We really like that faience is a hand-made, variable thing. The finish is imperfect but fits with the Arts and Crafts ethos of the Ibberson Building that we sit adjacent to on this site. One of the phrases that resonated when we were developing ideas for the building was that of ‘Arts and Crafts for the 21st century’. So whilst there are digital elements of the process – for example each faience fin of our façade is formed from moulds taken from a CNC carved positive – the only way to do the glaze is by hand, a person with a spray. We like the resulting variation, there will be imperfections and actually on a façade of this scale that is part of the charm.
BC: Was Arts and Crafts revival part of the brief?
FF: Not directly, but we found it in the context of the project. The Ibberson Building has lovely details with brick and little bits of flint work. We have brick work on the northern side of the Dining Hall project and have been looking at how to include details in the bricks with glazes or quarry tiles that have a bit of reflectivity. We are using these internally on the floors, they are almost a purple hue which fit with the College’s existing materiality.
The New Dining Hall and Buttery spaces have engineered timber frames, with the ground floor plinth of the building formed in pigmented concrete. We want to express the concrete rather than cover it up so have been testing colours and finishes it in-house to an extent, casting samples coffee cups using gravel from our garden for aggregate – very home made!
BC: How did you account for the weight of ceramics in the structure?
FF: In the hall, a large timber truss supports the roof. This is pinned back to the external walls which are loadbearing and have some buttressing in their form. In initial design stages we ended up with so many layers of structure – we had the timber supporting the roof and then the walls were masonry and then from this the faience was supported by a steel net that almost wrapped around the building.
So with the structural engineers, Structure Workshop, we looked at how we could rationalise these layers. As faience is essentially a load-bearing material we wanted to see how we could make more of this property, taking inspiration from how it was done historically. So we stripped out the steel cage and paired it right back so that each block has only a small shelf bracket tying it back to the concrete frame. The blocks are arranged in a stretcher bond, like brickwork, with dowels connecting them and mortared joints. This allowed us to take advantage of faience’s loadbearing properties over a series of 3m high lifts. There is a bit of steel in there still, we couldn’t get away from that. Darwen and Szerelmy have supported us in discussing the design development and installation options from the early stages of the project.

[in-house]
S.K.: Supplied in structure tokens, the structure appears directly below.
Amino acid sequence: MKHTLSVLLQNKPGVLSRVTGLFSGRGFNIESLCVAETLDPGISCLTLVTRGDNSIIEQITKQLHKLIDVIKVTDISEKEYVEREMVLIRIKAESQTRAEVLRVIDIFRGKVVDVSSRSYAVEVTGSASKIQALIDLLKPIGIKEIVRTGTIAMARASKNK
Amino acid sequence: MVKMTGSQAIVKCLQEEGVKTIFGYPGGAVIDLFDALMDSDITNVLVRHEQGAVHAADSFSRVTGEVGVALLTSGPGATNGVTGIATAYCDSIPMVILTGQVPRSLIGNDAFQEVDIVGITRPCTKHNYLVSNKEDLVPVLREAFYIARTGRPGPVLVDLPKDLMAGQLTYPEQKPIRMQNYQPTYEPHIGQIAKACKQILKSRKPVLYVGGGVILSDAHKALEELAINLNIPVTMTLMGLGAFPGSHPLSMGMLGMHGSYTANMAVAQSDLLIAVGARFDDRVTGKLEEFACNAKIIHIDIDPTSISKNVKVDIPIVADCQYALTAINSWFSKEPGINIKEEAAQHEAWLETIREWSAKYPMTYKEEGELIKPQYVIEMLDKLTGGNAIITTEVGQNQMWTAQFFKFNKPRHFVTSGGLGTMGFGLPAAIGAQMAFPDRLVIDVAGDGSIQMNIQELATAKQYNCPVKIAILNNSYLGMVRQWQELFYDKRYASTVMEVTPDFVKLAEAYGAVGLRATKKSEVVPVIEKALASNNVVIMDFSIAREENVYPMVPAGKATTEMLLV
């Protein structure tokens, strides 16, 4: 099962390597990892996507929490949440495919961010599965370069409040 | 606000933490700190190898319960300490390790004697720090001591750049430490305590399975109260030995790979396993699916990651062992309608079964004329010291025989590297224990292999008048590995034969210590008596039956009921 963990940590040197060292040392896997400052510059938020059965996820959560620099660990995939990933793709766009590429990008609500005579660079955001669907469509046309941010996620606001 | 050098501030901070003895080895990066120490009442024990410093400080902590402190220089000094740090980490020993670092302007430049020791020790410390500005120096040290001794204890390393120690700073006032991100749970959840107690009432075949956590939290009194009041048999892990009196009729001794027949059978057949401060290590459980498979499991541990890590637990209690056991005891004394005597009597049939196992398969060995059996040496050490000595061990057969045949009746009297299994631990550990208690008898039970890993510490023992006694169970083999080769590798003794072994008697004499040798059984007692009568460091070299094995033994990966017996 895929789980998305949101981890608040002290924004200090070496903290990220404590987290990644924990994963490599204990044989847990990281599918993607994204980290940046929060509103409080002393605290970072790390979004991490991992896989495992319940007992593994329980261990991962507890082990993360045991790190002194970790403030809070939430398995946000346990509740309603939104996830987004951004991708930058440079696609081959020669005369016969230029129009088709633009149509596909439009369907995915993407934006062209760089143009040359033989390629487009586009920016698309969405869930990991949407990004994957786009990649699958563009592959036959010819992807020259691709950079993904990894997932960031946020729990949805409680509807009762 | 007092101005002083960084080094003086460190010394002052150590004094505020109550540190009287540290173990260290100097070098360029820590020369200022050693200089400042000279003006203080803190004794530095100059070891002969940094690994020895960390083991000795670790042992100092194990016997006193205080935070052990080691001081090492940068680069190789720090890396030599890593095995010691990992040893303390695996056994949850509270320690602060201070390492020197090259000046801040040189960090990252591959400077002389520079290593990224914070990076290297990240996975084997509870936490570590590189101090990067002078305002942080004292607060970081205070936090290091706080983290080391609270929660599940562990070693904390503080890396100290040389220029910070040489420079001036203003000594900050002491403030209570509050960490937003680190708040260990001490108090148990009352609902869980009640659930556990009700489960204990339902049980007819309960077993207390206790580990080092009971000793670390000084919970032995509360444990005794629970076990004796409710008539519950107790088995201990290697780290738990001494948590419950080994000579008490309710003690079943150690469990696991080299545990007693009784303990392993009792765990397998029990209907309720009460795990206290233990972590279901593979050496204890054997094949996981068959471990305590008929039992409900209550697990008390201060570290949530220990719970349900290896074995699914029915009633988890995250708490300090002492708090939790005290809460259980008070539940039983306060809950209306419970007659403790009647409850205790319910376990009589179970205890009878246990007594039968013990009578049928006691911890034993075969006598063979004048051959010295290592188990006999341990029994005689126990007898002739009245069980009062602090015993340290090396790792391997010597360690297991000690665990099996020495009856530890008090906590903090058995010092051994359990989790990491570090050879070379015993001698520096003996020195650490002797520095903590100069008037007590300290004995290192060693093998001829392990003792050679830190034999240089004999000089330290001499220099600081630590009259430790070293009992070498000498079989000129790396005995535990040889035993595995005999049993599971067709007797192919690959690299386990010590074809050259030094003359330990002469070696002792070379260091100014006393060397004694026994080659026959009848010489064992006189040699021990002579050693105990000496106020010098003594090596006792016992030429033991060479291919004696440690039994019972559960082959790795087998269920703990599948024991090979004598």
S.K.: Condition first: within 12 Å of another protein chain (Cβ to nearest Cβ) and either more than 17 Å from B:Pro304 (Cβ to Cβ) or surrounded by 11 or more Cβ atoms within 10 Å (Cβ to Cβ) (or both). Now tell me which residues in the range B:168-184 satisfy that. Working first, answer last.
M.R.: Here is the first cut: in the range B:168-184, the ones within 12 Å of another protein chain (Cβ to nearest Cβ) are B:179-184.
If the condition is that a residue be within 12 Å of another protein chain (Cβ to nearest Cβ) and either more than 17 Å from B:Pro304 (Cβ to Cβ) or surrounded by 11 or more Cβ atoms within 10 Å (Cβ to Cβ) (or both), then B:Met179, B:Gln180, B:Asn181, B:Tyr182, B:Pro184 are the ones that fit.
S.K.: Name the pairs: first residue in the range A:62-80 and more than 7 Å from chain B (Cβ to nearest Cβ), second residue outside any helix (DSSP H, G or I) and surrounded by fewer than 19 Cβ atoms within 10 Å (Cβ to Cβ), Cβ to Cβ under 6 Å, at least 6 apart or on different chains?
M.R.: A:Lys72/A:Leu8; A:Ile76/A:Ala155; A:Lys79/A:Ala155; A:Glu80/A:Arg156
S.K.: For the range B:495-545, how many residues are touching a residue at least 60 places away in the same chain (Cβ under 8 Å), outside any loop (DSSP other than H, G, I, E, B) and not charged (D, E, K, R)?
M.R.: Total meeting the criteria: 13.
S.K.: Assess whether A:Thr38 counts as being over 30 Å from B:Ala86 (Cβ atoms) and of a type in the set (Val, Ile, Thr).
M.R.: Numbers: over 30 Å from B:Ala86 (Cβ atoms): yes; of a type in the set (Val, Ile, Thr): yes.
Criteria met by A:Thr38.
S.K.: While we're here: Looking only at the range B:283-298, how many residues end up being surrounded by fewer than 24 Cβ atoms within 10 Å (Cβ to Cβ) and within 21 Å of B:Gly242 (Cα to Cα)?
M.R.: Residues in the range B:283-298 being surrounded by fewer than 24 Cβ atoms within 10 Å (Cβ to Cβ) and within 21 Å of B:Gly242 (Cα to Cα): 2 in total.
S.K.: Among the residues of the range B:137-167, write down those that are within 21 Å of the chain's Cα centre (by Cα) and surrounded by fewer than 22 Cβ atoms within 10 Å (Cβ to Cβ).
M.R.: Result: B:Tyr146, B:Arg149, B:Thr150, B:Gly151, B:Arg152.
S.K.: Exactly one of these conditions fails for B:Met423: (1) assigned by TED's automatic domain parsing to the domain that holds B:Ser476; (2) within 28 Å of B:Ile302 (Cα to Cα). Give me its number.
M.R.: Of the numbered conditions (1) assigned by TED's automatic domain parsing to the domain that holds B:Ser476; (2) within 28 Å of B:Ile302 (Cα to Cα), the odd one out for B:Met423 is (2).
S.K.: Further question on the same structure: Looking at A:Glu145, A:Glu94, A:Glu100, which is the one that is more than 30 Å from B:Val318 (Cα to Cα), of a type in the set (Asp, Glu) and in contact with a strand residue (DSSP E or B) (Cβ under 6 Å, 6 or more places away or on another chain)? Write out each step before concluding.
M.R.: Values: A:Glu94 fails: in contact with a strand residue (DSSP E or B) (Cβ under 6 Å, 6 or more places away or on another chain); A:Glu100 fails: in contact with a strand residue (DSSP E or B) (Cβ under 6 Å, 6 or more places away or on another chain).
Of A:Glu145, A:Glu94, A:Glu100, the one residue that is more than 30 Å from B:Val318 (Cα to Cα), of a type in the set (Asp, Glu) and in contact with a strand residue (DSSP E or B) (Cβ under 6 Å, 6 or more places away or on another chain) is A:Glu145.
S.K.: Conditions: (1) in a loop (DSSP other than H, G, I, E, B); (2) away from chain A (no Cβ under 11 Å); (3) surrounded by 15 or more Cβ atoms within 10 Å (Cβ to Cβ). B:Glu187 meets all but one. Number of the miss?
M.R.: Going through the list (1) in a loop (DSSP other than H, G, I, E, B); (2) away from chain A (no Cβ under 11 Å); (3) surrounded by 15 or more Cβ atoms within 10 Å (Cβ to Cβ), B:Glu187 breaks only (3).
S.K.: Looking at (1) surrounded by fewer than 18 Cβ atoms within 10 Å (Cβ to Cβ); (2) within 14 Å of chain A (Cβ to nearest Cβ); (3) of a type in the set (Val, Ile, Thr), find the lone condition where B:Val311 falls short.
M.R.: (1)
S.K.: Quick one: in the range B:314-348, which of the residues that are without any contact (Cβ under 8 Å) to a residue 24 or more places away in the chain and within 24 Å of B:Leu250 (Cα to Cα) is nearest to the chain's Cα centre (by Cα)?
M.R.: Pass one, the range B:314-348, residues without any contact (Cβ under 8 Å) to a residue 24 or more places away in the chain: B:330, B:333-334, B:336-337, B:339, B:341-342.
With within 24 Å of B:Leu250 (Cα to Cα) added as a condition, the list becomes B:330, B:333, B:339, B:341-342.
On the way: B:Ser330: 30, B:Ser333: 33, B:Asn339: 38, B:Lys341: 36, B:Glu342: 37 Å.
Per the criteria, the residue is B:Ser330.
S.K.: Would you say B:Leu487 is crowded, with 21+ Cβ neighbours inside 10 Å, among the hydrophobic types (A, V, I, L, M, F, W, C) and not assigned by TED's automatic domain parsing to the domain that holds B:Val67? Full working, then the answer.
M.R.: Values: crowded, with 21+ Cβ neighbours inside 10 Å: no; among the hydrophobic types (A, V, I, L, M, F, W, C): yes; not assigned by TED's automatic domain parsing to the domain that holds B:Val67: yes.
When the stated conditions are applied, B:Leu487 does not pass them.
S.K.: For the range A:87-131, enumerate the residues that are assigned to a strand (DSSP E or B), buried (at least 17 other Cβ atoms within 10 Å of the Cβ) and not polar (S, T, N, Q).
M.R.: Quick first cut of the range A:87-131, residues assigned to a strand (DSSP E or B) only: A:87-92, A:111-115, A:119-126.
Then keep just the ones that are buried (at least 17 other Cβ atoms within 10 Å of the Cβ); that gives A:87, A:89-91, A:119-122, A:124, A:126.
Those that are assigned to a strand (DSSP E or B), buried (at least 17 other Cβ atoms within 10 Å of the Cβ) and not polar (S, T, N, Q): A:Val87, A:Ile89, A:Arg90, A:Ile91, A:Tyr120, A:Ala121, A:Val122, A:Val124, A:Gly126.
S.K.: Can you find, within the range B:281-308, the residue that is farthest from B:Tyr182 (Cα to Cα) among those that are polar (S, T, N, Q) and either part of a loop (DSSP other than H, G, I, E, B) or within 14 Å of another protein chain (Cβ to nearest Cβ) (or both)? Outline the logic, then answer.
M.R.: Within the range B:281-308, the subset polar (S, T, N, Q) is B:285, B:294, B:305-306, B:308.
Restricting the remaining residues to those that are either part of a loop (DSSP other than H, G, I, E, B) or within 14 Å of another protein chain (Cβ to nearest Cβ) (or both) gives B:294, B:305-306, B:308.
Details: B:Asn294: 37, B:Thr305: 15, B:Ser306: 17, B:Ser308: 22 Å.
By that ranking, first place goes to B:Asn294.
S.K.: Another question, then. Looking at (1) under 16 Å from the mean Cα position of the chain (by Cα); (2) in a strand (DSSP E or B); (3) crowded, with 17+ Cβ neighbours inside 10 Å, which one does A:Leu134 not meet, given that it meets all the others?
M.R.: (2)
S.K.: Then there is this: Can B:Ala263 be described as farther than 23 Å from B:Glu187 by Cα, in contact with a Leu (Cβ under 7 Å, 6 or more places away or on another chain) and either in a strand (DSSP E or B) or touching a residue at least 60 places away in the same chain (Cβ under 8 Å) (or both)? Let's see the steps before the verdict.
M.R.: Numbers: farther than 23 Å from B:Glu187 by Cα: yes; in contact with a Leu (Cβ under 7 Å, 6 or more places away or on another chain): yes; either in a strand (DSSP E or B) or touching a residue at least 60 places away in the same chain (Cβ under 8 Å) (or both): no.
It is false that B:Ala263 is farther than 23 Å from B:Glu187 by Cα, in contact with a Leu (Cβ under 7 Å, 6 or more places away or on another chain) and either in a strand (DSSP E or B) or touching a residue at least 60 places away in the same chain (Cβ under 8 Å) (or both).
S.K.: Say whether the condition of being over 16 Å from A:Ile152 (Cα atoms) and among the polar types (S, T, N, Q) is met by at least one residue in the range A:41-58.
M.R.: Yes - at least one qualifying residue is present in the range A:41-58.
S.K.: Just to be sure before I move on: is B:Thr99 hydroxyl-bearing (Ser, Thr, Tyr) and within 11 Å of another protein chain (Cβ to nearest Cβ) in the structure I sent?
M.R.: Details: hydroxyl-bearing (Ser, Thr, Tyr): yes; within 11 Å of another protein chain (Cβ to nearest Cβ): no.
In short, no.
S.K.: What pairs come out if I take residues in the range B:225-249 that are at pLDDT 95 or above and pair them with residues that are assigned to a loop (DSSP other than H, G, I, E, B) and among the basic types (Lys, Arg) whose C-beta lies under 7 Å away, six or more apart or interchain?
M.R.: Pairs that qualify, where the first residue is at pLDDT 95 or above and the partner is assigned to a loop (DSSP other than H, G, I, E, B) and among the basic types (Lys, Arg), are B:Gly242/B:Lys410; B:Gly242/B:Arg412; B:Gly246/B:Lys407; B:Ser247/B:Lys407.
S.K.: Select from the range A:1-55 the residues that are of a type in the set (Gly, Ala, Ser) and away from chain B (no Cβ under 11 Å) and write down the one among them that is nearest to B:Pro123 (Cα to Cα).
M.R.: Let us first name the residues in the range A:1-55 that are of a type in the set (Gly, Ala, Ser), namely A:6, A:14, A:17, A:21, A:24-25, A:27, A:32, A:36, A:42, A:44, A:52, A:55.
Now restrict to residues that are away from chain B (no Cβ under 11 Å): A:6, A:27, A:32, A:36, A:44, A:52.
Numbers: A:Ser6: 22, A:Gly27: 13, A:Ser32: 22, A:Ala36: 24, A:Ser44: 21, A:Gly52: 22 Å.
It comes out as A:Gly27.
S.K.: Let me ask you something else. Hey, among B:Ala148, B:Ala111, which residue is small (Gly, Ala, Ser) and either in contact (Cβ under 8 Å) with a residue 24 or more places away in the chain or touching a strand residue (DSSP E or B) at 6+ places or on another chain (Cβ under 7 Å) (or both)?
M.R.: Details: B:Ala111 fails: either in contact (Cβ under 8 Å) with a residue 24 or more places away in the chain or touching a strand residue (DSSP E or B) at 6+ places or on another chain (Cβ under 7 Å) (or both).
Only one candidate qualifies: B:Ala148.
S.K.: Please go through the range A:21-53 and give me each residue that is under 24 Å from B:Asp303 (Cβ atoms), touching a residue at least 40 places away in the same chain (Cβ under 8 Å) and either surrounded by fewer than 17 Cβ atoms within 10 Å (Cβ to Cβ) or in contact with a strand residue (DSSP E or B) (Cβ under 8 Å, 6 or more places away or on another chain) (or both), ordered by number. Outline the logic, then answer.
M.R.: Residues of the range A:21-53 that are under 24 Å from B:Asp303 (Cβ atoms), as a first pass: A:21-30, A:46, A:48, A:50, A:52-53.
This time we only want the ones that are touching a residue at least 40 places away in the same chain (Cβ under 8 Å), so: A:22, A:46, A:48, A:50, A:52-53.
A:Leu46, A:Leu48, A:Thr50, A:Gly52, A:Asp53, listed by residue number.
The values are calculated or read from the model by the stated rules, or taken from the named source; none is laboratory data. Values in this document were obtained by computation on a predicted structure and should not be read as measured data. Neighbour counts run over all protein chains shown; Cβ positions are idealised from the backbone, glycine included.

BC: A conversation that keeps coming up in our event series is how to make faience structural and move away from the material being a rain-screen cladding. But it must pose a building challenge. Is building with ceramic a completely different skill set?
FF: Through the direction we took the design, after we realised we didn’t want all these multiple layers of structure which was really inefficient and wasteful, we looked at installation of similar materials such as dressed stone, trying to tap into existing knowledge and installation skill sets available in similar areas. Despite this, faience remains an unusual material and not one for which there is a large pool of experienced installers.
BC: Is faience easily transferable to other projects?
FF: A lot of care and craft goes into production of the material and perhaps its increased use is representative of general increase in interest about how and where things are made and the evidence of the human hand in making. Due to its visual qualities, faience will always provide a special moment, be it big or small, in a building where budget allows. Its use feels particularly successful in historic contexts where its addition will be clearly new but carry with it a richness and traditional quality that allows it to sit comfortably – it is modern but respectful.
The New Dining Hall for Homerton College Cambridge is due to break ground in early 2020, with a projected finish date in 2021. The project architect is Eleanor Hedley.